Sometimes despite trying all other measures, there is no choice but to take the option of last resort: retrenchment. Laying off employees can be the most difficult choice that a company must make. Here is what companies can do to carry out a retrenchment or restructuring exercise responsibly.
#1 Explore Other Options First
Before considering retrenching or restructuring, companies should explore other possible options to manage their manpower. This would include making alternative work arrangements with or without wage cuts, wage adjustments, temporary lay-offs and no-pay leave.
For example, sending employees for training to upgrade their skills may be an option as employers can receive absentee payroll funding. Announced as part of the Resilience Budget, employers can claim 90% of the hourly basic salary, up from 80%, capped at $10 per hour.
Companies may also implement flexible work arrangements, shorter work-week to manage their manpower needs. Part-time work, job-sharing and wage adjustments are also other ways reduce manpower costs.
Companies are required to notify MOM if there is more than 25% reduction in gross monthly salary for local employees and more than 25% reduction in basic monthly salary. MOM must be notified within a week (7 calendar days) after wage adjustments has been made and this can be done online.
However, sometimes all these alternatives may not work, and companies will have to seriously consider retrenchment as the final option.
#2 Develop A Communication Plan
In the case that retrenchment is inevitable, companies should prepare and develop a communication plan to convey a clear and consistent message. This should include:
- The business rationale for change, such as the business situation faced by the company and measures already taken by the company to reduce business costs
- How the retrenchment exercise will be carried out
- The factors that will be used to select the affected employees for retrenchment
- Types of assistance available for those affected
As much as possible, companies should give employees advance notice or offer pay in lieu of such notice. At minimum, companies are required to adhere to the Employment Act’s minimum notice period for termination of service.
However, responsible companies should strive to give affected employees a longer notice period to allow them to make alternative arrangements. If the company is unionised, the union should be consulted as early as possible or a month before notifying affect employees.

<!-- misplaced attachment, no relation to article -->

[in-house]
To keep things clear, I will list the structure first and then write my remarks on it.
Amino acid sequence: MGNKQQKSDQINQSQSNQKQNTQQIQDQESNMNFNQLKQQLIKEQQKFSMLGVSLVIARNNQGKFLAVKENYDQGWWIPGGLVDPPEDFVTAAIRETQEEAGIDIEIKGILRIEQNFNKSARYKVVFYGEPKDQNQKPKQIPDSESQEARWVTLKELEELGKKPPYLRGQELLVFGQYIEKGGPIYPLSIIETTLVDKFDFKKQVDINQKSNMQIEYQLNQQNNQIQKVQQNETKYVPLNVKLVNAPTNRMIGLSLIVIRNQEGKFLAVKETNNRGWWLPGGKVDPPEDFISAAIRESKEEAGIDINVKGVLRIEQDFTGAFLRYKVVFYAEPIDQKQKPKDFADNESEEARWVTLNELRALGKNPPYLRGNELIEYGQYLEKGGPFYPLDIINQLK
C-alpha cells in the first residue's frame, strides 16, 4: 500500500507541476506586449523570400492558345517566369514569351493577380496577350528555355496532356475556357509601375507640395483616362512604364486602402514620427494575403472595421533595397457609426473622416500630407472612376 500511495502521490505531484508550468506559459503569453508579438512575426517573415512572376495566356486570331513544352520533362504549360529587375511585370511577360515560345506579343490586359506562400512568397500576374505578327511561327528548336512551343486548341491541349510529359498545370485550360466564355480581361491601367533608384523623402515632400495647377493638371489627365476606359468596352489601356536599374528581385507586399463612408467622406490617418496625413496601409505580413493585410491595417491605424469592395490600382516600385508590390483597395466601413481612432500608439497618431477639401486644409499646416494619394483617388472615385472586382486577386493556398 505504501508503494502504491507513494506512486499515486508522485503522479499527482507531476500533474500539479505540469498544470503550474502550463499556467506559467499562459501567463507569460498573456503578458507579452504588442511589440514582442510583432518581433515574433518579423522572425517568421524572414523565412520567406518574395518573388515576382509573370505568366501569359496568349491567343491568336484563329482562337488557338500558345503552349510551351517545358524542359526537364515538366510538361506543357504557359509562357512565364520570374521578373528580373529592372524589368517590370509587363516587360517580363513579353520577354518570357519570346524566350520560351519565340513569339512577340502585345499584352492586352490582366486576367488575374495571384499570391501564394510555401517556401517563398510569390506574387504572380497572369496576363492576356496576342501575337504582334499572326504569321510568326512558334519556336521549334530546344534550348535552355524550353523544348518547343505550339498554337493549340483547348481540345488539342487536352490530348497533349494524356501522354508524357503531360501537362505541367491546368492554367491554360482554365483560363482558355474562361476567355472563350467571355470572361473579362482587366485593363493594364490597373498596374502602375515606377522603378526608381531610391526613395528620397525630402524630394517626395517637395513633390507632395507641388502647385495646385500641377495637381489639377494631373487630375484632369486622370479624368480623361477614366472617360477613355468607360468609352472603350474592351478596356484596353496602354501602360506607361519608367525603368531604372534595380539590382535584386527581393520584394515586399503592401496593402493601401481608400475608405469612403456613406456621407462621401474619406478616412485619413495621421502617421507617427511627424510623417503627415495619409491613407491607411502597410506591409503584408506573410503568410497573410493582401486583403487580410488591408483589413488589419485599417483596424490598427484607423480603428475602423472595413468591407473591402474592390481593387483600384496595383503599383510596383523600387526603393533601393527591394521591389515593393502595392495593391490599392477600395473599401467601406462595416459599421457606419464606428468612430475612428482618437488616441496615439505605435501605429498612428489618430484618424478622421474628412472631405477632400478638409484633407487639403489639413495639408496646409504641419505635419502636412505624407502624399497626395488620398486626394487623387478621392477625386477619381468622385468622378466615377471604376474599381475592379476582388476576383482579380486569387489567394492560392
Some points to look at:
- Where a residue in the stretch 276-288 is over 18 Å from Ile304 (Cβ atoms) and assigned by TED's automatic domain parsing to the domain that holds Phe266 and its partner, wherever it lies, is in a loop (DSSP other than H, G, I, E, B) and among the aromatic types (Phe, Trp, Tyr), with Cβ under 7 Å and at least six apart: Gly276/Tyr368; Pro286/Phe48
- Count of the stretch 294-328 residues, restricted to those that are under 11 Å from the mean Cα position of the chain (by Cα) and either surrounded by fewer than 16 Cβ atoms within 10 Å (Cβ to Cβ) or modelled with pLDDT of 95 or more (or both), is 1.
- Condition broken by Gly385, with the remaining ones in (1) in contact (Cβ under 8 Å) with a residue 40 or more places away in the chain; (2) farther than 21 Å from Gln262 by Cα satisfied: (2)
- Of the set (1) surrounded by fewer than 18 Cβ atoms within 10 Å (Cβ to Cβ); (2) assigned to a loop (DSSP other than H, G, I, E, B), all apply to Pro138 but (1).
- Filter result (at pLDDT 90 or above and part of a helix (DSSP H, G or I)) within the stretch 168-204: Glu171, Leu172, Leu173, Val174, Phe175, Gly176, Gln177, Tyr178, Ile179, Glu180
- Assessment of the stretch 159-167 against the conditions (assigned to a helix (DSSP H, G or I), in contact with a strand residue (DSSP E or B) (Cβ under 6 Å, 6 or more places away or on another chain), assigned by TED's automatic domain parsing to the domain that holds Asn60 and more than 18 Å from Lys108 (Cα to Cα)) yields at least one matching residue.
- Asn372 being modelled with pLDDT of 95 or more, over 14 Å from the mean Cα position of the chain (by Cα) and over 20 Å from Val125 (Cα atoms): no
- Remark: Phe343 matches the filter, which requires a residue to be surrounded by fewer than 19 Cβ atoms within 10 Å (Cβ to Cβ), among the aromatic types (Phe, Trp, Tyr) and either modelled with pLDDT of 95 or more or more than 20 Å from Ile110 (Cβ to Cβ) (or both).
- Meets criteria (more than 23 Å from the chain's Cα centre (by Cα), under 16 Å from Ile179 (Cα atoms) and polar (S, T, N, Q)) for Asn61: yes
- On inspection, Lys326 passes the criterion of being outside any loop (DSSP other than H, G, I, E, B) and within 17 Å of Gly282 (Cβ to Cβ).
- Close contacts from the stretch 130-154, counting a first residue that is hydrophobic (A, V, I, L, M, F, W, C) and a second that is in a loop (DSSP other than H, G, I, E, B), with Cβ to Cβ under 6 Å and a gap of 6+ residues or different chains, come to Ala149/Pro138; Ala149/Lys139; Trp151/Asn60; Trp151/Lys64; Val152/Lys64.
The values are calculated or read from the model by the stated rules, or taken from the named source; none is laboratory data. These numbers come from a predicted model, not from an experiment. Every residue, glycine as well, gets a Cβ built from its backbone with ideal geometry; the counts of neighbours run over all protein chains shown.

While the focus is on affected employees who are retrenched, the communication plan should also include employees remaining in the company who can be affected by the exercise. In order to minimise the negative impact on morale, it is important to engage and support your remaining employees as well.
#3 Provide Measures To Support Workers Through The Transition
Companies should provide supporting documentation (such as referral letters, service records and past training certificates) to facilitate the job search of affected employees.
Responsible companies may also help affected employees look for alternative jobs in associate companies, in other companies or through outplacement assistance programmes and linking them with employment/placement agencies. Other measures to help affected employees include engaging career coaches to provide advice to aid their job search and providing counselling support to help them cope with the stress of job loss.
Employers can work with the unions, SNEF and agencies such as WSG, NTUC’s Employment and Employability Institute (e2i), Job Security Council and U PME Centre, to help employees through employment facilitation services.
#4 Inform Affected Employees Personally
While it is a difficult conversation, companies should inform affected employees in person, with the HR and the employee’s manager present, instead of during a mass meeting, telephone call or through email. It shows more respect and sensitivity to the employee and having the personal interaction may help them process the information better.
As an employer, be compassionate and empathetic in your interactions. Different people respond differently to change, so prepare for various scenarios, and respond as sensitively as possible. Keep an open line of dialogue and make time for employees’ questions and grievances. It is important to let them know that the retrenchment is not a reflection of their performance or the company’s impression of them.
#5 Notify The Relevant Agencies
While it is mandatory for companies with at least 10 employees who have retrenched 5 or more employees within any 6-month period to notify MOM, it is good practice to inform MOM of any retrenchment exercise. The notification should be submitted within 5 working days after the employee is notified of his/her retrenchment.
If the company is unionised, consult the union as soon as possible or at least one month before notifying the employees.
Additionally, companies may seek help from MOM in carrying out a retrenchment exercise by submitting an early alert. This will enable companies to receive information on government assistance schemes to support the restructuring exercise, receive advice on how to apply the Tripartite Advisory on Managing Excess Manpower and Responsible Retrenchment and obtain employment facilitation for affected employees.
Agencies such as WSG, NTUC’s Employment and Employability Institute (e2i), Job Security Council and U PME Centre, can help with employment facilitation services such as career counselling and job placement assistance.
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